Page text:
Additive manufacturing involves adding molten metal in a layer-by-layer process to make 3D objects directly from CAD files, as opposed to using subtractive methods like traditional CNC machining.
Operational costs for molten metal additive manufacturing are high because of labour and depreciation of the equipment and also expensive powder costs. The powder cost is high because generally spherical, narrow size distribution is required. If the equipment cost comes down and labour gets more productive, powder becomes the mostly costly component of AM. The other major challenge is to de-risk Industry Adoption and Growth of business.
CSIRO has established a group of researchers and operators working on molten metal additive manufacturing.
CSIRO has an open house policy to Industry and for R&D. We offer:
The first process is the Arcam additive manufacturing facility, the first in the southern hemisphere, to provide industry with access to advanced electron beam melting technologies for three-dimensional (3D) printing of metals. The resulting quality is high, as the process is conducted in a vacuum and held at high temperatures during the entire build. The Arcam electron beam melting technology can be used with metals including titanium, titanium alloys and specialty steel alloys, such as nickel and cobalt chrome.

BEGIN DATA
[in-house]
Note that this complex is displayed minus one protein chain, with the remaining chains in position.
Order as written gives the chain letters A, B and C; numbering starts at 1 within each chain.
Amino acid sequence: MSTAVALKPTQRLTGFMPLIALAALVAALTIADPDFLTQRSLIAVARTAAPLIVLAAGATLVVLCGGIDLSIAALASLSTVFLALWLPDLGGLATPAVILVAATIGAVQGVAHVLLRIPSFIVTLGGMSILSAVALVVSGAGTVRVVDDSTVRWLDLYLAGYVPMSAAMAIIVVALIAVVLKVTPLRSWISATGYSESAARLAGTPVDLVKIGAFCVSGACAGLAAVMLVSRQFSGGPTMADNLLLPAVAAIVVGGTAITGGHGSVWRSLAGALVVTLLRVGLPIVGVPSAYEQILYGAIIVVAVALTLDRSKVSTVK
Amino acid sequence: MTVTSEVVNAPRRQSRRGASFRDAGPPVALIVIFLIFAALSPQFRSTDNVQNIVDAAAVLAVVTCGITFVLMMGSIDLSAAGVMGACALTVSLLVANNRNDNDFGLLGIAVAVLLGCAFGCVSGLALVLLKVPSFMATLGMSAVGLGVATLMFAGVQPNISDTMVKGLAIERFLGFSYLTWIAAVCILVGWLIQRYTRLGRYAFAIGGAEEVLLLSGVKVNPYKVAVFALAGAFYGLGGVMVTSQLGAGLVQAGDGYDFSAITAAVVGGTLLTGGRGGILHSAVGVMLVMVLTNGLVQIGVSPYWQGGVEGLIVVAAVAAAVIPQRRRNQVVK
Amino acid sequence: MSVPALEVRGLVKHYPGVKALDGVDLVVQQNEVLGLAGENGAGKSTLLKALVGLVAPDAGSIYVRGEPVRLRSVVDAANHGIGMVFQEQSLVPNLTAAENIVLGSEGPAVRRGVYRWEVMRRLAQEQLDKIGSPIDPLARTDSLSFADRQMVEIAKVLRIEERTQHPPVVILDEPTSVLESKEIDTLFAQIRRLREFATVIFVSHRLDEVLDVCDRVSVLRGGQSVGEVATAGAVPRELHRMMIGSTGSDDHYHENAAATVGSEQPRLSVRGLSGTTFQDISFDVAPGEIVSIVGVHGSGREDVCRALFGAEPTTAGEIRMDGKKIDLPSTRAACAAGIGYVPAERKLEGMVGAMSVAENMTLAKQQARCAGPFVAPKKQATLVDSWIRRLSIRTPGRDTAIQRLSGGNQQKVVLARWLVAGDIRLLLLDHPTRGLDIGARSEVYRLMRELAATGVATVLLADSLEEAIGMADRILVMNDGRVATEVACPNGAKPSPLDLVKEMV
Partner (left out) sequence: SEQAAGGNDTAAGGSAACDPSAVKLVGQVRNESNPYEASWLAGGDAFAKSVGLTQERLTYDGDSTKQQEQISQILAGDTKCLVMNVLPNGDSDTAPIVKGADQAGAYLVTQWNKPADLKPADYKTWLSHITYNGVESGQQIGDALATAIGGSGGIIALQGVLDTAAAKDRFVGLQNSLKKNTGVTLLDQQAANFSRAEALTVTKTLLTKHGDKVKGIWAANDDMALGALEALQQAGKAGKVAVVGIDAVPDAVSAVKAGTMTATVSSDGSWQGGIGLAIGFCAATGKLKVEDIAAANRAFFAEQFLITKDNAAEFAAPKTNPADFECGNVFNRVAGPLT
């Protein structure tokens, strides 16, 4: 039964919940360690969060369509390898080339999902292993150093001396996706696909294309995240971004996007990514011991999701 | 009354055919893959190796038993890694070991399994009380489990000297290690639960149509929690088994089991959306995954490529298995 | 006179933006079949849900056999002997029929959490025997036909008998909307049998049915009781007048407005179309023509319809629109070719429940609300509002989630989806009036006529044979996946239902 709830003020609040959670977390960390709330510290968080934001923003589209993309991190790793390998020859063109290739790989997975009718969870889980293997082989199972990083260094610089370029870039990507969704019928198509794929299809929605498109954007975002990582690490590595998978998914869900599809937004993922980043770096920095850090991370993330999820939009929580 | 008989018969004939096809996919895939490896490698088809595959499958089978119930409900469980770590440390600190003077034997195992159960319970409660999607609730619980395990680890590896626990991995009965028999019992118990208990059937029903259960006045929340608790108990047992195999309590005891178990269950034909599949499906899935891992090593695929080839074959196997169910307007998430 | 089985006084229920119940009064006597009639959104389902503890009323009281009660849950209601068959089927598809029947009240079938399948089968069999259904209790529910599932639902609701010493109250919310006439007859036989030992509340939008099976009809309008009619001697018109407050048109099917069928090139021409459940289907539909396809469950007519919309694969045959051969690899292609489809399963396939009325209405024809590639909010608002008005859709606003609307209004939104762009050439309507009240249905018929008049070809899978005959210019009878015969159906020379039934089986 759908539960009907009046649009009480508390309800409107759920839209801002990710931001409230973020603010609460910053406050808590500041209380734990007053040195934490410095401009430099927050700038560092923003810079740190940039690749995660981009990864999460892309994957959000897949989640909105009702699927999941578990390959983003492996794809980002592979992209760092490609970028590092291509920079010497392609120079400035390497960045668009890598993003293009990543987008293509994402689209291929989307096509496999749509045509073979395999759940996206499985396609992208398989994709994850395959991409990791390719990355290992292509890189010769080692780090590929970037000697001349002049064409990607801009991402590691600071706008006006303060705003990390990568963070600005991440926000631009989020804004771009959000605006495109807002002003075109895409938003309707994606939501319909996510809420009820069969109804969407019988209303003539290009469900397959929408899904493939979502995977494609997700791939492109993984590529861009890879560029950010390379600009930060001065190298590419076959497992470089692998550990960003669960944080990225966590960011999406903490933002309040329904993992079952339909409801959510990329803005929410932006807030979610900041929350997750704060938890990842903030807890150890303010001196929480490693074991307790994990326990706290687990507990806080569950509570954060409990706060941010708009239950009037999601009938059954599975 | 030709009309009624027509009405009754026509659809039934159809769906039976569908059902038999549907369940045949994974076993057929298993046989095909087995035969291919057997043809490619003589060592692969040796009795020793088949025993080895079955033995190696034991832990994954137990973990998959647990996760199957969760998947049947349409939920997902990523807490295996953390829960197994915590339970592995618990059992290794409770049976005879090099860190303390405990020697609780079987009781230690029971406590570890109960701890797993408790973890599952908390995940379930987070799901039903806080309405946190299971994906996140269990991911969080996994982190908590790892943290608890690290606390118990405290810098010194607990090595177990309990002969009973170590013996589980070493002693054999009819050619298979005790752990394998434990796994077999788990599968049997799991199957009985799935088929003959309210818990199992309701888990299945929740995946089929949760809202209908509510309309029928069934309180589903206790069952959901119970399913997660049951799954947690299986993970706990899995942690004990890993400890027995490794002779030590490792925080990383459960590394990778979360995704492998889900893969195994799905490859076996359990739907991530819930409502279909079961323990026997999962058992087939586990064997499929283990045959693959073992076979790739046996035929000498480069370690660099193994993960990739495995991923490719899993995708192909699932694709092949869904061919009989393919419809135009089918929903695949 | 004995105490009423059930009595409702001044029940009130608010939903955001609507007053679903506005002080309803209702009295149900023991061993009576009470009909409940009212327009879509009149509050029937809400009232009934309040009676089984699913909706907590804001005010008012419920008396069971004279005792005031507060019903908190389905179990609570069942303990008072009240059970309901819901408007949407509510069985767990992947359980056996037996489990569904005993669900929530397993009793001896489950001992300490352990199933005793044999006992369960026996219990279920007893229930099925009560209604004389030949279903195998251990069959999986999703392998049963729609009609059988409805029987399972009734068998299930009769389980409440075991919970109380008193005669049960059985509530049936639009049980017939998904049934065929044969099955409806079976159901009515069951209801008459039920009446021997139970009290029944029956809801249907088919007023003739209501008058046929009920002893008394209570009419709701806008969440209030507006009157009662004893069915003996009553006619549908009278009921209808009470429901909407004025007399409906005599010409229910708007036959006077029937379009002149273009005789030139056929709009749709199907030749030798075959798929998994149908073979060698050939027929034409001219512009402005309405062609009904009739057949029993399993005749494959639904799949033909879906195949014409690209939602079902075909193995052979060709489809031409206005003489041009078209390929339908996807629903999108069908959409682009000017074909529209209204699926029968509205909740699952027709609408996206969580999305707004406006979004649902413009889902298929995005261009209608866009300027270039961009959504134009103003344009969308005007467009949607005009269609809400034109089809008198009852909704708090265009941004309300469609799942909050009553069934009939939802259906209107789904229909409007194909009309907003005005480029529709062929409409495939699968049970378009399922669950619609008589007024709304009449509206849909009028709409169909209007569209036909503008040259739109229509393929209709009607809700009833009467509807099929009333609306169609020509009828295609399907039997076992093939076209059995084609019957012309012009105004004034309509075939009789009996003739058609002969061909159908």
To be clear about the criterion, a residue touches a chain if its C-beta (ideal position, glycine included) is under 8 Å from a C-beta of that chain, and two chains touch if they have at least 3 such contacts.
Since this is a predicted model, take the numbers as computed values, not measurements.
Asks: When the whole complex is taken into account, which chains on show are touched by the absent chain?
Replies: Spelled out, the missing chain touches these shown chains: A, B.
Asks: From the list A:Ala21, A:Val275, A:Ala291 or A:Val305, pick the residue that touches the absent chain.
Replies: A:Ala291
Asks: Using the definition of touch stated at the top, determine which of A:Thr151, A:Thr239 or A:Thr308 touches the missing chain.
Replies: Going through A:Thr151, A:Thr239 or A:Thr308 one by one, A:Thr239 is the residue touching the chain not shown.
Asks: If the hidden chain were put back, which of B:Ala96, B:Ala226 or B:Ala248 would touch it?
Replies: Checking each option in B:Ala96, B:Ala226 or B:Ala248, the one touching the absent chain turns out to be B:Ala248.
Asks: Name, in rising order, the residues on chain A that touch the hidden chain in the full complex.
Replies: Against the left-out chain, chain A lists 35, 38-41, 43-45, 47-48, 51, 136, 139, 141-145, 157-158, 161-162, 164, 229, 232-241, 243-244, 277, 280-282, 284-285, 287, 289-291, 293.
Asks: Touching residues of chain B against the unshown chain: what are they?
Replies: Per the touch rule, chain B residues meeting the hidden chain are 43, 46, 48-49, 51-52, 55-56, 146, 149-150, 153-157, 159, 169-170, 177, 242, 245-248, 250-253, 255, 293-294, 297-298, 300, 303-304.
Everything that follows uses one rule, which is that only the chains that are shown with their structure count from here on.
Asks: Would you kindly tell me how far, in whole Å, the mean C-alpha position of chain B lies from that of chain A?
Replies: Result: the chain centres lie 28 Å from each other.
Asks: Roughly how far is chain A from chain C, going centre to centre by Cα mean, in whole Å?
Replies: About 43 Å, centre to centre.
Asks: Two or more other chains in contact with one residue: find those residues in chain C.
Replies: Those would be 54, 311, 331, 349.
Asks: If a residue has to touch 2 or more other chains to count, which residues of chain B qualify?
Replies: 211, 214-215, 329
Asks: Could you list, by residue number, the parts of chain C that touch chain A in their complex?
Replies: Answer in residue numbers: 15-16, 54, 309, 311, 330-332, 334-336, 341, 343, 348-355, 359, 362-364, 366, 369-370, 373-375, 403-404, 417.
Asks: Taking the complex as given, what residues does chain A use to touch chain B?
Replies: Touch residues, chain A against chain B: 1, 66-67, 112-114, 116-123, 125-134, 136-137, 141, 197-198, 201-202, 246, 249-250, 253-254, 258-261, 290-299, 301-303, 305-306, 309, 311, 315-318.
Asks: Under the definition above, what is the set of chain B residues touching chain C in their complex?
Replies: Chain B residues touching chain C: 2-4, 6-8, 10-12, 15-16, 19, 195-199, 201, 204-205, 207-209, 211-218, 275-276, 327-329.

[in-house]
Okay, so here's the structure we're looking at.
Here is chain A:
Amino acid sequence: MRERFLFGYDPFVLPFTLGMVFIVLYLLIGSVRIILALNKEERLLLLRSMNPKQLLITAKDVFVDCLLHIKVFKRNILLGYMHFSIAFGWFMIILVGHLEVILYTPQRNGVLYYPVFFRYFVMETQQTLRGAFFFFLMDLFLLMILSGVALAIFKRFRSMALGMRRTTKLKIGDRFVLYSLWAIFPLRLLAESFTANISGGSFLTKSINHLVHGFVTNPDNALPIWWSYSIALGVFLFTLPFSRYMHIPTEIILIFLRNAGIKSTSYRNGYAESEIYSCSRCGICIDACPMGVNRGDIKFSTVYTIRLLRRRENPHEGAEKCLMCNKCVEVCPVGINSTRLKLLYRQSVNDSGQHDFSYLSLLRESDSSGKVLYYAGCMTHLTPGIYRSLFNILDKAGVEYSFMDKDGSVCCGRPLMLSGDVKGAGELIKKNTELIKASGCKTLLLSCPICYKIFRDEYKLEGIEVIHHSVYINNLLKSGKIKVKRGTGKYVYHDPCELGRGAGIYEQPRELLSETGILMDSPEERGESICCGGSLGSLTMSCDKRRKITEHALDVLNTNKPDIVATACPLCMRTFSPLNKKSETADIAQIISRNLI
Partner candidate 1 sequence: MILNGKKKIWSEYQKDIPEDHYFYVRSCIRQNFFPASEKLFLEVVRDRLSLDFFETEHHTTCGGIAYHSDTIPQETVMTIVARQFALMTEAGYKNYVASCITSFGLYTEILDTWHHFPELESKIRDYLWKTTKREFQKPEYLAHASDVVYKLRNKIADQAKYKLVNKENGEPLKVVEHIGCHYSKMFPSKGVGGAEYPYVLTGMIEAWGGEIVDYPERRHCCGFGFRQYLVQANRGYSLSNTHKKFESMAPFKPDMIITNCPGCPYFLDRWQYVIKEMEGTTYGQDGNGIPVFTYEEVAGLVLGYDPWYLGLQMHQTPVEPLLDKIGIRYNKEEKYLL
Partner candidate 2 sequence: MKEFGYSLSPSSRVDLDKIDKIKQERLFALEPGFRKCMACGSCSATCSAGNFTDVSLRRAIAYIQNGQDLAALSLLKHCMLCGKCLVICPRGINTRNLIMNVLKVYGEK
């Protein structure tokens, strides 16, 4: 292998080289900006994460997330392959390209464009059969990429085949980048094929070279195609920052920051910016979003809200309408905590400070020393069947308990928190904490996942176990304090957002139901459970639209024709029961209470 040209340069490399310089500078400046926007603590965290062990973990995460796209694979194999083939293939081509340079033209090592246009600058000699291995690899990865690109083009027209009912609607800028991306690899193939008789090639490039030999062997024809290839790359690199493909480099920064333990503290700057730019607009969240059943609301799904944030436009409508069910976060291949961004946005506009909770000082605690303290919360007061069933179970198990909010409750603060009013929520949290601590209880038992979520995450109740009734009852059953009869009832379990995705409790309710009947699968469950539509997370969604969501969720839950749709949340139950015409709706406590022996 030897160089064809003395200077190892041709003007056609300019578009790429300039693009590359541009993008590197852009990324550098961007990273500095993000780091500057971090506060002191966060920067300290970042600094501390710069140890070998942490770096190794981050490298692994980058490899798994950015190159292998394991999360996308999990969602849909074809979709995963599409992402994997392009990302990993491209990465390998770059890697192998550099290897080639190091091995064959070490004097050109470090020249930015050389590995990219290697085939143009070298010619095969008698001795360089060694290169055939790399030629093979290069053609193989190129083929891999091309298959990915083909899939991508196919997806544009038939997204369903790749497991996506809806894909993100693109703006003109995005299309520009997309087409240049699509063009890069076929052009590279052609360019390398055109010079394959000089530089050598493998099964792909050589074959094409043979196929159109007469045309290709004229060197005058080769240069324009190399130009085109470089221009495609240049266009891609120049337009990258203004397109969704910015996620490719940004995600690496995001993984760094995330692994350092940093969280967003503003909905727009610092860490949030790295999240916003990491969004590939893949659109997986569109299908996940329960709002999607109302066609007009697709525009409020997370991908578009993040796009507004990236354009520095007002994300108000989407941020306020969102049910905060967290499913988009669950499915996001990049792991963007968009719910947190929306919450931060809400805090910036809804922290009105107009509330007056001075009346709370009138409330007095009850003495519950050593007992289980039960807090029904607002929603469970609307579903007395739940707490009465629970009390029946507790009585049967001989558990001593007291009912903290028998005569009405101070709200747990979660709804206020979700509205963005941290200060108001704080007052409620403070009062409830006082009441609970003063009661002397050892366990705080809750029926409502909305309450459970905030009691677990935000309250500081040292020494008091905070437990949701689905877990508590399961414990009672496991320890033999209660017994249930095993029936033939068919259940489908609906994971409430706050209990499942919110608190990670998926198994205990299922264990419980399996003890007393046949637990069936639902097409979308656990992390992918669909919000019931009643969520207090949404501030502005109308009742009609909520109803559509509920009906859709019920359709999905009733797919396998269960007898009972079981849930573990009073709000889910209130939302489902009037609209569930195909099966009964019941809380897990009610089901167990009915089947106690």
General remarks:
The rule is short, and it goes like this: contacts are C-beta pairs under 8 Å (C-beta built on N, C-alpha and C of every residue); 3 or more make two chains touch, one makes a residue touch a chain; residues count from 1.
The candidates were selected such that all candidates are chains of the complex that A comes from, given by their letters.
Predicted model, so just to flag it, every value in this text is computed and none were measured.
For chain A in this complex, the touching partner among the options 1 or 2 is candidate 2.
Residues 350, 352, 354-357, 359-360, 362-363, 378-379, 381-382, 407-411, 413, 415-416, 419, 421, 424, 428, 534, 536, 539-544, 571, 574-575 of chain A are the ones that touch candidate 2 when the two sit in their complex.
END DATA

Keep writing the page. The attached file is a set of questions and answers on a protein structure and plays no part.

We are also establishing laser-based melting technologies.
CSIRO response to the costs of additive manufacturing is undertaking research projects and trade studies, with the aim of increasing speed, performance and affordability, by using:
CSIRO has undertaken a number of industry specific case studies already